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John Cooper Clarke
Benjamin Zephaniah

Denbigh Town Hall – Wednesday 4th February 2004

(REVIEWED BY NICK HILL)

With my rucksack bulging with my teenage collection of Cooper Clarke rare albums – hopefully to be signed by the great man himself – I set off with my girlfriend Bon on the heady road to Denbigh.

Even though we had the best of what British poetry can offer on show tonight, I couldn’t help wondering how many people would brave the area’s flooding crisis on a cold February night. As we entered the Hall, there was truly an eclectic mix of people present: from 30-something punks through middle-aged poetry club members to bemused sixth formers dragged along as part of their school curriculum. Oh, and several members of staff from Llandrillo College, my place of work.

Much to my surprise, I was told it was totally sold out by the overjoyed assistant on the door. After a couple of glasses of wine, we took our front row seats. After 20 minutes or so, Bon caught a glimpse of JCC sneaking into the Hall and straight backstage. With the stage hoarding decrying "Denbigh Words", the organiser came on and thanked the crowd for their overwhelming support.

First on was JCC, who loped onto stage like a giraffe on speed, clutching his poetry bag. My first impression during the thunderous ovation was how little he had changed: the bird’s nest haircut, tight Oxfam-like jacket, drainpipes and compulsory dockers. For a man in his mid-50’s he had aged surprisingly well.

The biggest surprise was how little poetry he actually read. Seventy five percent of the show was stand-up comedy, and how uproarishly funny it was!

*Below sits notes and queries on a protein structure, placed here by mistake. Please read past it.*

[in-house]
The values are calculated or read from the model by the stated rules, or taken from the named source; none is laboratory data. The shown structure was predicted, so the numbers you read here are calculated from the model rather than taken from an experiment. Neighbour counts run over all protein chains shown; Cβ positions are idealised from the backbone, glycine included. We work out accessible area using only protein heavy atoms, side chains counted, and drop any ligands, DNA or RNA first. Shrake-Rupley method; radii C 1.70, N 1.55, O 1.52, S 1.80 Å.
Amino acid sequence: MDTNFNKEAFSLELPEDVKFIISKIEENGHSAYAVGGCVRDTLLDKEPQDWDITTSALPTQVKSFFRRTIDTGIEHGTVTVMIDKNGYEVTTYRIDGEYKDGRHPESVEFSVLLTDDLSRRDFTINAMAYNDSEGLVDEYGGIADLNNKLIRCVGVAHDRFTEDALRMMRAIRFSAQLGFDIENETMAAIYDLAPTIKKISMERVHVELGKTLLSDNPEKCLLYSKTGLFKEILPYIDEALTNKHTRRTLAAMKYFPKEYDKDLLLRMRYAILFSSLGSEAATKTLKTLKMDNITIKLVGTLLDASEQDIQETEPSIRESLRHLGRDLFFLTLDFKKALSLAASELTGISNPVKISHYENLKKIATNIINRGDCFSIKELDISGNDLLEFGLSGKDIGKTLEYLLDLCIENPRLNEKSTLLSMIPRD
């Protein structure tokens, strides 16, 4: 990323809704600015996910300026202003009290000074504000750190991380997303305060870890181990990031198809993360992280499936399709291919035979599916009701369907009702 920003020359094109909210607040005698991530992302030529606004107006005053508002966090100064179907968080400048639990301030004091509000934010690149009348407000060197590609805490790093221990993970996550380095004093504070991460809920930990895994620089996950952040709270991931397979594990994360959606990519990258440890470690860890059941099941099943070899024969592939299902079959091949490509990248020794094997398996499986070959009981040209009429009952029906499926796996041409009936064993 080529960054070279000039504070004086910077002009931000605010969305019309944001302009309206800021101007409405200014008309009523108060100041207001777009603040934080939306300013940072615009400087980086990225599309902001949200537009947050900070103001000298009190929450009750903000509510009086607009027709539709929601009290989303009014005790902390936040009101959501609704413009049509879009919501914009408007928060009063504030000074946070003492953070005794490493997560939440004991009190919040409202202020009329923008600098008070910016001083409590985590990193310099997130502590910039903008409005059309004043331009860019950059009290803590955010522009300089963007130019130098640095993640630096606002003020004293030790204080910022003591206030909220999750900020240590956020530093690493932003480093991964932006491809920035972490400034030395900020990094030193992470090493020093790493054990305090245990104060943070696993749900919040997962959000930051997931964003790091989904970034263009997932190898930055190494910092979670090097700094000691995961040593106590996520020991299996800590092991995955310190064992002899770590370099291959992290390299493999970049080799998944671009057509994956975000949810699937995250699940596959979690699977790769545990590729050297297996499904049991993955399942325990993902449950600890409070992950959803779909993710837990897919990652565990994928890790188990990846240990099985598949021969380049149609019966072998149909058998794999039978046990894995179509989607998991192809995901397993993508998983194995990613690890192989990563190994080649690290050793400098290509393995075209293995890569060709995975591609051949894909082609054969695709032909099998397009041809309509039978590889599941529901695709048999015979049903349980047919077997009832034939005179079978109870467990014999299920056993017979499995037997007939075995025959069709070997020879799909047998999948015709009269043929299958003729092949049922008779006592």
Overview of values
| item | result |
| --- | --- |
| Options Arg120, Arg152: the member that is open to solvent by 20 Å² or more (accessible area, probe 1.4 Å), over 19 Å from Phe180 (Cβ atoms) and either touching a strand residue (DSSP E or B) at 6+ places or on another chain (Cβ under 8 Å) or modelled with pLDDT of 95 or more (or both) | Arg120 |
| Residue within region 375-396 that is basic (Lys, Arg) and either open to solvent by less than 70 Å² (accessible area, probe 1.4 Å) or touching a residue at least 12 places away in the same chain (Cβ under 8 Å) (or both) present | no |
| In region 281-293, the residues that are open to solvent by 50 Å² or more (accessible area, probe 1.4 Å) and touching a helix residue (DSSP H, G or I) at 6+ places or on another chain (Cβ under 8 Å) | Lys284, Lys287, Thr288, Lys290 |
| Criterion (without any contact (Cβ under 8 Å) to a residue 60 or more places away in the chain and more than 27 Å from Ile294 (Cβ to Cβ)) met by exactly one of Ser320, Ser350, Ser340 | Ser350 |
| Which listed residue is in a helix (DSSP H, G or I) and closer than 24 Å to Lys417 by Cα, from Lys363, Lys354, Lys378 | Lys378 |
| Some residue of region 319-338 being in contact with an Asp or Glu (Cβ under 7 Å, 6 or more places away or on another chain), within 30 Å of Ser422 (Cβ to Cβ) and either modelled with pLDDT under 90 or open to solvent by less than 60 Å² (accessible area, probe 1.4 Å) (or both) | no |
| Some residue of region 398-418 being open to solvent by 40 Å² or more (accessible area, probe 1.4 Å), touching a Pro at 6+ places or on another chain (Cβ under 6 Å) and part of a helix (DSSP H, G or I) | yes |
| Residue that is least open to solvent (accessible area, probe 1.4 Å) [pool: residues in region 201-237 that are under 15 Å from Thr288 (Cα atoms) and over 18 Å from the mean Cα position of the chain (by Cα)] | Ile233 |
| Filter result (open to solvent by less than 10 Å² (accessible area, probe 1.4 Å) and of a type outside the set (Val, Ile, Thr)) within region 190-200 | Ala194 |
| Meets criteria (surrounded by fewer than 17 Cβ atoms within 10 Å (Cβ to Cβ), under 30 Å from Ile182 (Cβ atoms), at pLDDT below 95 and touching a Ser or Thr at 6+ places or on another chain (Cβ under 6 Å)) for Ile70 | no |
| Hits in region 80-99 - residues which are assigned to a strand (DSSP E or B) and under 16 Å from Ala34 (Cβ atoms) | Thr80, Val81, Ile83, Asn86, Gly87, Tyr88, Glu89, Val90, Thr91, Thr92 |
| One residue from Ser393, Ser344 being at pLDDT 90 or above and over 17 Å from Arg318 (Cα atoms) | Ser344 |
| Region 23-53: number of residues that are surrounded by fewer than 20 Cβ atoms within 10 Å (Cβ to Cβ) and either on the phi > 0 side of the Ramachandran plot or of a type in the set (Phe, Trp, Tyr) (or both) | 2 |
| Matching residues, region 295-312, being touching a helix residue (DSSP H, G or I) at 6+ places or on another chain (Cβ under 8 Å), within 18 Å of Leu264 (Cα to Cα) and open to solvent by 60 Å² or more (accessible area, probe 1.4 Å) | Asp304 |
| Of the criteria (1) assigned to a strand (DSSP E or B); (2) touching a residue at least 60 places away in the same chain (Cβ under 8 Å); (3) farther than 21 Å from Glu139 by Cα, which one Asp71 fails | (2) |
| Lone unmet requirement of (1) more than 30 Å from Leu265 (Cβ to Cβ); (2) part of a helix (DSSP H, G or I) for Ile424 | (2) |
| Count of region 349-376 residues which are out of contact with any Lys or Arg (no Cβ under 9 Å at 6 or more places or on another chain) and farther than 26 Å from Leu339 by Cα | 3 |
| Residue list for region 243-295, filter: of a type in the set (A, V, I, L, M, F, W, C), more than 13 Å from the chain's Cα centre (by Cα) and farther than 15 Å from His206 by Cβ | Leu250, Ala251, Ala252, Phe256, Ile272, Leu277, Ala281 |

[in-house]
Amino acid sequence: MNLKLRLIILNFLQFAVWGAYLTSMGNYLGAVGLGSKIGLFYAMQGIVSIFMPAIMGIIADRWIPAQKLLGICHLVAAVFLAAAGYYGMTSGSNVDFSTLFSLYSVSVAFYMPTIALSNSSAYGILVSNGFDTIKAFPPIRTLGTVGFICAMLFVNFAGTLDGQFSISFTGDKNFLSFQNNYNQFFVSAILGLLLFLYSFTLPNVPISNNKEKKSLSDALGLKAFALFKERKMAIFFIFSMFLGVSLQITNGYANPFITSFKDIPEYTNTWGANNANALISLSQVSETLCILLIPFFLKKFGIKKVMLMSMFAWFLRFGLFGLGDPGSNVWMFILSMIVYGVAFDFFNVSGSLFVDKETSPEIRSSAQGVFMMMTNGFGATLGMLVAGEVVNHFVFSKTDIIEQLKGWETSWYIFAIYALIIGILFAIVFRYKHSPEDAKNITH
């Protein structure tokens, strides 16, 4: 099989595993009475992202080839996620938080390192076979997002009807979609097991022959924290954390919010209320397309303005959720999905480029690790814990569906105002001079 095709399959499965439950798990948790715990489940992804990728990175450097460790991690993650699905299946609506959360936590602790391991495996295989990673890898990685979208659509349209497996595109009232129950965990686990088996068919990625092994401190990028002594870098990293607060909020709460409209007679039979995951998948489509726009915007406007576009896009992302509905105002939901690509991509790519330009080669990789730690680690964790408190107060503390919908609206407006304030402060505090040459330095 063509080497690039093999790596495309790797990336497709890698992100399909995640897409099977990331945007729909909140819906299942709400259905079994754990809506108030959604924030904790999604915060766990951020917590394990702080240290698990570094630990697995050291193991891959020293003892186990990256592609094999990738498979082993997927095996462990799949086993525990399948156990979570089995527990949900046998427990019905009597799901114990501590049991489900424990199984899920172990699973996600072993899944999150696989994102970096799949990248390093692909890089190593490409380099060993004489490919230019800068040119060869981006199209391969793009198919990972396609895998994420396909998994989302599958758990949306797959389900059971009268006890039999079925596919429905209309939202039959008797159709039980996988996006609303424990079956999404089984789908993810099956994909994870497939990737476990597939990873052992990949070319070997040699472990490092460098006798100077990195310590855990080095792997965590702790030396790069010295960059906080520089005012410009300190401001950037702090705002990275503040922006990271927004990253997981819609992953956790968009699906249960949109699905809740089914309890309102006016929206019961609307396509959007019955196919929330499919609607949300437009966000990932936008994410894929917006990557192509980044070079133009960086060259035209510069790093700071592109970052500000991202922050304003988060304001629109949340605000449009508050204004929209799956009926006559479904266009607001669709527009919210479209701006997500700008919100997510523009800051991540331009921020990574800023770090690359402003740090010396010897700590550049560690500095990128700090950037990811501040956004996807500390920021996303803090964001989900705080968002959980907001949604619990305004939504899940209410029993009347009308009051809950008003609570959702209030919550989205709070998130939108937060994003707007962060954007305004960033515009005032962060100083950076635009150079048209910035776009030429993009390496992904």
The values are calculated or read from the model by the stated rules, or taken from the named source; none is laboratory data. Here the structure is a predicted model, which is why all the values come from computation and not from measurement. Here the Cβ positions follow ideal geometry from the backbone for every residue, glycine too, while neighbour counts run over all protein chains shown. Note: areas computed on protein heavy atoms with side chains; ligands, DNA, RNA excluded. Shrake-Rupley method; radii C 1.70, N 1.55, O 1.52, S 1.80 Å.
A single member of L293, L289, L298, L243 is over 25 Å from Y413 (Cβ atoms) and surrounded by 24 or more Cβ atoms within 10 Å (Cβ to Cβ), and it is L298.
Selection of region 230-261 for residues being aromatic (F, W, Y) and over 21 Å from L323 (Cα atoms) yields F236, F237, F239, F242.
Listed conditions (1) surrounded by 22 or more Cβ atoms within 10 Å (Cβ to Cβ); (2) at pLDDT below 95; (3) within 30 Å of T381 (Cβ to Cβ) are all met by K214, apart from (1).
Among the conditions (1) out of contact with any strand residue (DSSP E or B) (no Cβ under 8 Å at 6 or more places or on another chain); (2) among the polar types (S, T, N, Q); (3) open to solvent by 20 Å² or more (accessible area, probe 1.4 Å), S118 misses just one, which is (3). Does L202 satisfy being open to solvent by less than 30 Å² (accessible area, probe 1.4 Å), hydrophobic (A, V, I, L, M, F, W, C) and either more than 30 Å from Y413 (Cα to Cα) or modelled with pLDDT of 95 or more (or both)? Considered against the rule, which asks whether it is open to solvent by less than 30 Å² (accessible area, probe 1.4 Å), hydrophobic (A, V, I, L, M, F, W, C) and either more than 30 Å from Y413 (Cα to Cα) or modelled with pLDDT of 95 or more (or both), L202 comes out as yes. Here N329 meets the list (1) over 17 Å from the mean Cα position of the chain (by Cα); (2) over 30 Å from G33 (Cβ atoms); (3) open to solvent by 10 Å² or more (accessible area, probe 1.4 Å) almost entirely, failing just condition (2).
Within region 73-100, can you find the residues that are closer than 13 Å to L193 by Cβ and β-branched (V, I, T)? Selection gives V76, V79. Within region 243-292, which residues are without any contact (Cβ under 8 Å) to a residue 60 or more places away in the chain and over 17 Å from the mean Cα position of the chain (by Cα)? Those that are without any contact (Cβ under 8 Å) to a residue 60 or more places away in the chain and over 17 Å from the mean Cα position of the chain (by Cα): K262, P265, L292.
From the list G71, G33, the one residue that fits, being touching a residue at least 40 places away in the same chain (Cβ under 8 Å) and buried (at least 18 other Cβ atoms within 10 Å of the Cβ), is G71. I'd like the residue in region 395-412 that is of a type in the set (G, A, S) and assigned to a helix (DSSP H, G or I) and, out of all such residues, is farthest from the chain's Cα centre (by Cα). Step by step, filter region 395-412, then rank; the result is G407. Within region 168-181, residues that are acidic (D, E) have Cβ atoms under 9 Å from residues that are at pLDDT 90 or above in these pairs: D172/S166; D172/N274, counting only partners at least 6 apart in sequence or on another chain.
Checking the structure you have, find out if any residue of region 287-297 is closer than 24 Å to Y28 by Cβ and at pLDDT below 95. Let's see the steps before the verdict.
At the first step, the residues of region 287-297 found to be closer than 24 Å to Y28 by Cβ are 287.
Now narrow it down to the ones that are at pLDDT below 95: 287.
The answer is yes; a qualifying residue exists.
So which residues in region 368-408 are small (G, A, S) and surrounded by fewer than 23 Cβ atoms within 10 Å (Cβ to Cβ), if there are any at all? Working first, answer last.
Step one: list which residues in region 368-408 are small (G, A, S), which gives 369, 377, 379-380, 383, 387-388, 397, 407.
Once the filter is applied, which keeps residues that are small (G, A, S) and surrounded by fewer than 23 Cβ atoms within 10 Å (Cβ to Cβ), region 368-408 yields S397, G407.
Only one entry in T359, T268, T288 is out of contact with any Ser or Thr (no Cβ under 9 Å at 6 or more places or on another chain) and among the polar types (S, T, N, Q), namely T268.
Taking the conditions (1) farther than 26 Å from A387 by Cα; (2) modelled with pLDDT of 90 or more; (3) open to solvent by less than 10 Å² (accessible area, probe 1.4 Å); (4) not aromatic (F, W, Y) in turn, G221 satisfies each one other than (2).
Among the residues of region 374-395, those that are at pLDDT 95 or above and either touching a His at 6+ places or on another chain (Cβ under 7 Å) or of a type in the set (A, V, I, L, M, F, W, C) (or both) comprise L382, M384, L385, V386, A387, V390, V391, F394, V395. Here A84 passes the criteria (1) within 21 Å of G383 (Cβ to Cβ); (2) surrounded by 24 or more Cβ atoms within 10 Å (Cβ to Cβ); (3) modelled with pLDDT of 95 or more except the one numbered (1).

No jokes, just hilarious anecdotes from a surreal yet child-like mind.

Starting with the classic "Day My Pad Went Mad", to rapturous applause, you realised the night was going to be something special. This was followed by a couple of newish poems and the fans’ favourite "I Married a Monster from Outer Space" to culminate the reading. My only gripe is that he didn’t recite ‘Beasley Street’, ‘The Pest’ or ‘Kung Fu International’ – three all-time classics!

Thinking he would be staying for the next reading I relaxed into my chair and had another wine (all that was available in the alcohol stakes) during the 20 minute interval. I then realised he was making for the exit. I surreptitiously grabbed my rucksack and made for the back of the hall.

A small crowd had gathered, adjacent to the toilets. I could not see him, but after a few seconds, those nasally, lilting Salford tones emanated from the floor: he was signing a t-shirt, to the joy of one ecstatic fan. I introduced myself and he explained that he had to rush off to Leeds for another gig, constantly apologising during the conversation. He signed my "Snap, Crackle & Bop" album, inside the book of poems, which was attached to the front of the LP. "Wow! I haven’t even got a copy of this myself" he shrieked with laughter. Much cheery banter and a few handshakes and a photo later, he went on his merry way.

Wondering how Benjamin Zephaniah was going to cope after such a crescendo for JCC, I eagerly took my seat. Famous for his refusal to accept his OBE some months ago, he gingerly took his mark to a rapturous welcome.

He again, spent a lot of time ‘introducing’ each poem with interesting and amusing stories from his time spent in the likes of Jamaica and India. We knew little of his work, but by the end of his performance we were both converts. His collection of poetry ranged from political outbursts to the hilarious finale on how we should be nice to turkeys at Christmas. All had depth and great intuitiveness.

Filing out into the biting night air all aglow, I kept thinking of the last thing I said to JCC……"It’s only taken 24 years for Jim to fix it for me!" He is supporting The Fall on a few dates soon, so it certainly won’t be another 24 years!

(REVIEWED BY NICK HILL)

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